Molecular genetic analysis of steroid resistant nephrotic syndrome: Detection of a novel mutation.

Background: Nephrotic syndrome is a disorder of the
glomerular filtration barrier, a highly specialized trilayer
structure with unique functional properties.
Recent advances emanating from the field of
molecular genetics have revealed the podocyte as
probably the central player in the control of glomerular
filtration. More specifically, the cell–cell junction
between adjacent podocyte foot processes, namely, the
slit diaphragm, has been revealed to be made up of a
sophisticated multi-protein complex which
dynamically controls foot process architecture via
signaling to the actin cytoskeleton. Nephrotic
Syndrome (NS) is one of the most common idiopathic
primary diseases in childhood. Which is defined as
presence of four main symptoms: proteinuria,
hyperlipidemia, hypoalbuminemia and edema.
According to the patient’s response to the steroid
therapy the disease divided into: resistant and sensitive
groups. About 90% of patients are responsive to
steroid therapy during four weeks who called steroid
sensitive nephrotic syndrome (SSNS). Patients in
whom proteinuria does not stop after about one month
are classified as resistant which describe as steroid
resistant nephrotic syndrome (SRNS).SRNS is
considered as a poor prognostic disease, in which 30-
40% of it progresses to end stage renal disease
(ESRD), requiring dialysis and transplantation. The
most frequent renal histological feature associated with
SRNS is focal segmental glomerulosclerosis (FSGS).
Moreover minimal change nephrotic syndrome
(MCNS), and diffuse mesangial sclerosis (DMS) have
been identified. Genetic forms of SRNS are classified
as isolated kidney disease or syndromic disorder. The
fenestrated endothelium, the glomerular basement
membrane (GBM) and the podocytes form three layers
of glomerular filtration barrier (GFB) which is
impaired in NS and cause proteinuria.
2major proteins of podocytes including nephrin and
podocin, coded by NPHS1 and NPHS2, are considered
to play an important role in GFB. Mutations in these
genes result in altering conformation and stability of
podocytes and causing proteinuria and SRNS. Most
cases of SRNS are considered as sporadic representing
both AR and AD inheritance. NPHS1 and NPHS2
genes are the most common identified genes in AR
This study was aimed to screen mutations causing
disease within NPHS1 and NPHS2, figuring out the
most common mutations in Iranian children and
comprising the prevalence of such mutations among
different nations. Due to heterogeneity of this disease,
This work is partly presented at 5th World Heart and Brain Conference September 24-26, 2018 Abu Dhabi, UAE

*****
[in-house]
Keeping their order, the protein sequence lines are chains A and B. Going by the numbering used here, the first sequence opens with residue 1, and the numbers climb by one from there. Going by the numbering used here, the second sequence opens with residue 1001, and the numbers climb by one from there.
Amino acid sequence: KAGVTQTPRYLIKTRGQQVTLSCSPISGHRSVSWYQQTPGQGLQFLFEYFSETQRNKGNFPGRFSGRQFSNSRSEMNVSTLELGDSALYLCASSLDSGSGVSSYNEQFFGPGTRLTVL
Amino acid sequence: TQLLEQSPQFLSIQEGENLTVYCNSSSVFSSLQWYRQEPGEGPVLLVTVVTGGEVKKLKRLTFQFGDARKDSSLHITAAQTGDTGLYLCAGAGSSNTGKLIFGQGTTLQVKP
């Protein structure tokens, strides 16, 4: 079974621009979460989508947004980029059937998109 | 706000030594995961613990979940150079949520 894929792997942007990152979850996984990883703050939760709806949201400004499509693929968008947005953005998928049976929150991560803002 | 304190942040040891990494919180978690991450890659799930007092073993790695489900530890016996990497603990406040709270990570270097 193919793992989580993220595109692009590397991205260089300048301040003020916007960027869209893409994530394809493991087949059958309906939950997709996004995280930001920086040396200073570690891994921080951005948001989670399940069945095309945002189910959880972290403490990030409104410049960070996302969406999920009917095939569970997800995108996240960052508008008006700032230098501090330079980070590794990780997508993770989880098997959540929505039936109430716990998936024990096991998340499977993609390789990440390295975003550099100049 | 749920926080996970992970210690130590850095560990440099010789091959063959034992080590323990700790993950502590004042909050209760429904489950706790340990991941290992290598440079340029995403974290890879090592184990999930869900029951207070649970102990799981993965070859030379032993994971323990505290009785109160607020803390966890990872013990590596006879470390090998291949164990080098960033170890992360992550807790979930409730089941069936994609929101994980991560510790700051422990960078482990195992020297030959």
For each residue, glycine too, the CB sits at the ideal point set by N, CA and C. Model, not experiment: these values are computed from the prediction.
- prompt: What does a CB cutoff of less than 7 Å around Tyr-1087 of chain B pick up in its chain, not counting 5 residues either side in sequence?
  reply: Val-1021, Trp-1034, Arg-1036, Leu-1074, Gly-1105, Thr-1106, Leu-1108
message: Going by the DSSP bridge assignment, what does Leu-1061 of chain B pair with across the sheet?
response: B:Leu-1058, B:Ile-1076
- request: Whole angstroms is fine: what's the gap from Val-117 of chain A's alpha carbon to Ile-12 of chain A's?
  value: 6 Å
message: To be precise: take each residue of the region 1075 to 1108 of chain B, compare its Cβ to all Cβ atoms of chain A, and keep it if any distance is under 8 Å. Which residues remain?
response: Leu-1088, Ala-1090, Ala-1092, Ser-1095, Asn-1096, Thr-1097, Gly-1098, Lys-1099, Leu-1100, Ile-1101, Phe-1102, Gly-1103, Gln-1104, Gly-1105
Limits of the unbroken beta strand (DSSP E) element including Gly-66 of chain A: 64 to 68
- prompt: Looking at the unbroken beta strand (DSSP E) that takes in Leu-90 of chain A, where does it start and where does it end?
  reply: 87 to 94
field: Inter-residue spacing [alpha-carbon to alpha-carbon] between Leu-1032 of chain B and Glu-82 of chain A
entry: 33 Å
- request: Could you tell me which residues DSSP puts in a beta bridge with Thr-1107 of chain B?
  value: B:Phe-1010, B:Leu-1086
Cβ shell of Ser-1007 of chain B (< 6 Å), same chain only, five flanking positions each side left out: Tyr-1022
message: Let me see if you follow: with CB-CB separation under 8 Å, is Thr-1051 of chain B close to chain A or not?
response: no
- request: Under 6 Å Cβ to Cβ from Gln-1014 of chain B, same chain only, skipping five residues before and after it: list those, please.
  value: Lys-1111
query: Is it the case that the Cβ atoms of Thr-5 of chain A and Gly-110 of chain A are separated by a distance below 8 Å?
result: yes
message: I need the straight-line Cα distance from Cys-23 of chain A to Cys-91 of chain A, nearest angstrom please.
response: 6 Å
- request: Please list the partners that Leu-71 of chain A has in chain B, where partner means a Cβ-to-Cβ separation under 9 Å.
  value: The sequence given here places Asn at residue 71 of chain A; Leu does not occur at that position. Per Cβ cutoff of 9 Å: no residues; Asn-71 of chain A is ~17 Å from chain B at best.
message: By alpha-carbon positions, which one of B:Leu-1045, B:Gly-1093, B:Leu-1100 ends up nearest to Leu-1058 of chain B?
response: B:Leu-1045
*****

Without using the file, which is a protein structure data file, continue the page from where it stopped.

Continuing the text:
Extended Abstract
Vol. 5, Iss.3
Insights in Blood Pressure
WES was performed for 10 patients in pilot study to
evaluate other related genes and exploring new
potential mutations. Indeed, preventing of ineffective
treatment with steroids and helping proper clinician
prediction in post transplantation outcome may be
facilitated via indicating the specific mutations.
Nephrotic syndrome is one of the most common
kidney diseases in childhood. About 20% of children
are steroid-resistant NS (SRNS) which progress to
end-stage renal disease (ESRD). More than 53 genes
are associated with SRNS which represent the genetic
heterogeneity of SRNS. This study was aimed to
screen disease causing mutations within NPHS1 and
NPHS2 and evaluate new potential variants in other
Method: In first phase of study, 25 patients with
SRNS were analyzed for NPHS1 (exon 2, 26) and all
exons of NPHS2 genes by Sanger sequencing. In the
second phase, whole exome sequencing was performed
on 10 patients with no mutations in NPHS1 and
Result: WES analysis revealed a novel mutation in
FAT1 (c.10570C>A; Q3524K). We identified 4
pathogenic mutations, located in exon 4 and 5 of
NPHS2 gene in 20% of patients (V180M, P118L,
R168C and Leu156Phe). Also our study has
contributed to the descriptions of previously known
pathogenic mutations across WT1 (R205C) and
SMARCAL1 (R764Q) and a novel polymorphism in
Conclusion:In summary, this is the first and largest
study among Iranian population with different ethnic
origins that investigates causative variants associated
with SRNS through screening both common genes
(NPHS1 and NPHS2) and whole exome study. Among
25 patients who underwent for PCR sequencing for all
exons of NPHS2, 5 patients carried a mutation causing
disease, suggesting that NPHS2 especially exons 4 and
5 of this gene should be considered as the first step
genetic approach in children with SRNS. For the first
time in this country, 3 known variant were detected in
WT1, SMARCAL1 and CRB2, significantly a novel
variant were identified in FAT1 gene.Our study
concludes that mutations of exon 4 and 5 NPHS2 gene
are common in Iranian and some other ethnic groups.
We suggest conducting WES after NPHS2 screening
and further comprehensive studies to identify the most
common genes in the development of SRNS, which
might help in clinical impact on management in
patients with SRNS.
Because of the heterogeneous clinical and pathological
spectrum, a molecular diagnosis based on sequencing
is required. Identification of mutations causing SRNS
is of importance, not only for therapeutic
considerations but also for genetic counseling.



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